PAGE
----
About the Powers & Brissova Research Group


Read about our latest discovery concerning the role of α cells in human Type 1 Diabetes via Vanderbilt News or the research paper.

Pancreatic islets are highly specialized mini-organs that regulate blood glucose by secreting insulin, glucagon, and other hormones in response to physiologic stimuli such as glucose. A deficiency or a dysfunction of the insulin-producing β cells of the islet is critical to the development of all forms of diabetes.

The Powers & Brissova group is working to understand and reverse β cell and islet abnormalities and dysfunction in diabetes. In our projects, we are studying the pathogenesis of human diabetes by conducting, translating, and integrating studies about the human pancreas and islet biology.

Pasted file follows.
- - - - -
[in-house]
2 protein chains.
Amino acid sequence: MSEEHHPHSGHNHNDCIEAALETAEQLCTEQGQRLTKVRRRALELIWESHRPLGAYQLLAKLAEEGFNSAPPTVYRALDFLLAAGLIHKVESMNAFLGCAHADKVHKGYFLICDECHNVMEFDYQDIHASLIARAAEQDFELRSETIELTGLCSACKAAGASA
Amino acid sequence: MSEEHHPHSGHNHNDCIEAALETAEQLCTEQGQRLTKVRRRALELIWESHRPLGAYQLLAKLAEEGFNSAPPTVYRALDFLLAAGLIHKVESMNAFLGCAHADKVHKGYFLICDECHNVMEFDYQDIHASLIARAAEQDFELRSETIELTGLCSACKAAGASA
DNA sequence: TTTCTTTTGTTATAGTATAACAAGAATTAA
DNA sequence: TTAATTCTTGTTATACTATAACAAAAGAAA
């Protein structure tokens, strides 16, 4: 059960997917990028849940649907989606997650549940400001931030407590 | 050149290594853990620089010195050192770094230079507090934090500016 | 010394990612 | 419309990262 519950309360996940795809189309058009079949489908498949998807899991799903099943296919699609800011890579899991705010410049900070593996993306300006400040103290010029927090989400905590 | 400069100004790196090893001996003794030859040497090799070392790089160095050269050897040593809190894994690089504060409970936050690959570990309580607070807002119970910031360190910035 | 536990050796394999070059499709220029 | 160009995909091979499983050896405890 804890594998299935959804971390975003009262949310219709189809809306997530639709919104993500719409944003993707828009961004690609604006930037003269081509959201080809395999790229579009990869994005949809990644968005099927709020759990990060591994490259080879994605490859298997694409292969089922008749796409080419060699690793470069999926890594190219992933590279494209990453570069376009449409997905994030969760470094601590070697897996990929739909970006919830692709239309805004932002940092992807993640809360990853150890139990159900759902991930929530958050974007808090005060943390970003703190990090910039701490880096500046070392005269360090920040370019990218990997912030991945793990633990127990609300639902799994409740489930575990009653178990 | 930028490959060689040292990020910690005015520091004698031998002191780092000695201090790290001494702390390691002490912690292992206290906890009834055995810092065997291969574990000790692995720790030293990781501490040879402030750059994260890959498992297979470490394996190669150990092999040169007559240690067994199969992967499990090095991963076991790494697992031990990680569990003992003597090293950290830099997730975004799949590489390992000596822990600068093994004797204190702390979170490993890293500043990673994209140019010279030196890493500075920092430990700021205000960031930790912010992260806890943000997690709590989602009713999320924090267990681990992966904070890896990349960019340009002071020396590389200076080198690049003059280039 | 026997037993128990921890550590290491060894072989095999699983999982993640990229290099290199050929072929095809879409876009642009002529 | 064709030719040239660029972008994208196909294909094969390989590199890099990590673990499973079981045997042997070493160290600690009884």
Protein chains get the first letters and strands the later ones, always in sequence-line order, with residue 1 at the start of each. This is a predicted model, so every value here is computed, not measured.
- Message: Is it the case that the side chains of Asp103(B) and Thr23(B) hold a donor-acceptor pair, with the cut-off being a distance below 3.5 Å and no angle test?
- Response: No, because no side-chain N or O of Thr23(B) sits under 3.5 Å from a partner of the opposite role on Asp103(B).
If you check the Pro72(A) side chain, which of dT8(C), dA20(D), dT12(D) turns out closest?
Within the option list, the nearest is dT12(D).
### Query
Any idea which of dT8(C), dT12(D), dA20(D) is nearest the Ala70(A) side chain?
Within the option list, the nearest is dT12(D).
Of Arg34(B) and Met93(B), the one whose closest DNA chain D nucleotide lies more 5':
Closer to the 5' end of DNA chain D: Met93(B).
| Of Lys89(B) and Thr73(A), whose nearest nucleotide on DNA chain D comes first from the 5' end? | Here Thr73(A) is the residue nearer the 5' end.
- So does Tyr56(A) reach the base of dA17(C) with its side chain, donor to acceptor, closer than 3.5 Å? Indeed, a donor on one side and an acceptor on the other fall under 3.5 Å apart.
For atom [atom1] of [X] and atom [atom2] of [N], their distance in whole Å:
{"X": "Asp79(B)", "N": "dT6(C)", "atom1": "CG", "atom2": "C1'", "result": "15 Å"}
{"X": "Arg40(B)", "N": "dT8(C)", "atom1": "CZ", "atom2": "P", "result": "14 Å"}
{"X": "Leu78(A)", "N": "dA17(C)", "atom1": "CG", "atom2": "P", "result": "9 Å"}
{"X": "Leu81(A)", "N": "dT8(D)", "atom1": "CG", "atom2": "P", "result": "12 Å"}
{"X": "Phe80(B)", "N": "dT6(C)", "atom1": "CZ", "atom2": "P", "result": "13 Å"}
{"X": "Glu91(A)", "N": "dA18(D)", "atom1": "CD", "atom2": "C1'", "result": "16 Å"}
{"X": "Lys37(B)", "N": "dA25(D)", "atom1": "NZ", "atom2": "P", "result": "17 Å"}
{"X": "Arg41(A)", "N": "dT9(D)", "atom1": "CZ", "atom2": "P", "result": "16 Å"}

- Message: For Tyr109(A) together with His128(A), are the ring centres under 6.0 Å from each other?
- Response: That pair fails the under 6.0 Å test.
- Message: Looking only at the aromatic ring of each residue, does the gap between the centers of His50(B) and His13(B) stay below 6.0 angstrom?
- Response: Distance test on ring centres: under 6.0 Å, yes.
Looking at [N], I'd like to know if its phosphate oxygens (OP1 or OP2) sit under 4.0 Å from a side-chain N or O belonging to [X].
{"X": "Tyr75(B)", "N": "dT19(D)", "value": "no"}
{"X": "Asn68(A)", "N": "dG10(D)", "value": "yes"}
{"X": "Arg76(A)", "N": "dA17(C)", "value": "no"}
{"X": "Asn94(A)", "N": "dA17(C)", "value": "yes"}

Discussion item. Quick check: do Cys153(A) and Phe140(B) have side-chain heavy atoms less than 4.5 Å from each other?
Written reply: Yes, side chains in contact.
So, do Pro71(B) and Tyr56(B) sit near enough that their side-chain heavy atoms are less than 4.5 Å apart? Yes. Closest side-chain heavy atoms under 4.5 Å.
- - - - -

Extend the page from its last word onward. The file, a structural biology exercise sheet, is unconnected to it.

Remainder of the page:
Our research team of scientists, postdoctoral fellows, graduate students, medical students, undergraduate students, and research assistants has interdisciplinary collaborations with vascular biologists, developmental biologists, biomedical engineers, chemists, and bioinformaticians at Vanderbilt and around the world (Seattle, Palo Alto, Pasadena, Worcester, Boston, Bar Harbor, New York, Geneva, and Gainesville). We are part of the NIH-funded Human Islet Research Network (HIRN).

The Powers & Brissova Research Group is located at Vanderbilt University Medical Center (Vanderbilt Diabetes Center, Department of Medicine, and Department of Molecular Physiology and Biophysics), in Nashville TN.



We are located in Nashville, TN, on the beautiful Vanderbilt University campus! Vanderbilt is a private research university and medical center and offers a wealth of research opportunities, resources and community!

MRB-IV Research Building


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7465 Medical Research Bldg IV
2215 Garland Avenue
Nashville, TN 37232-0475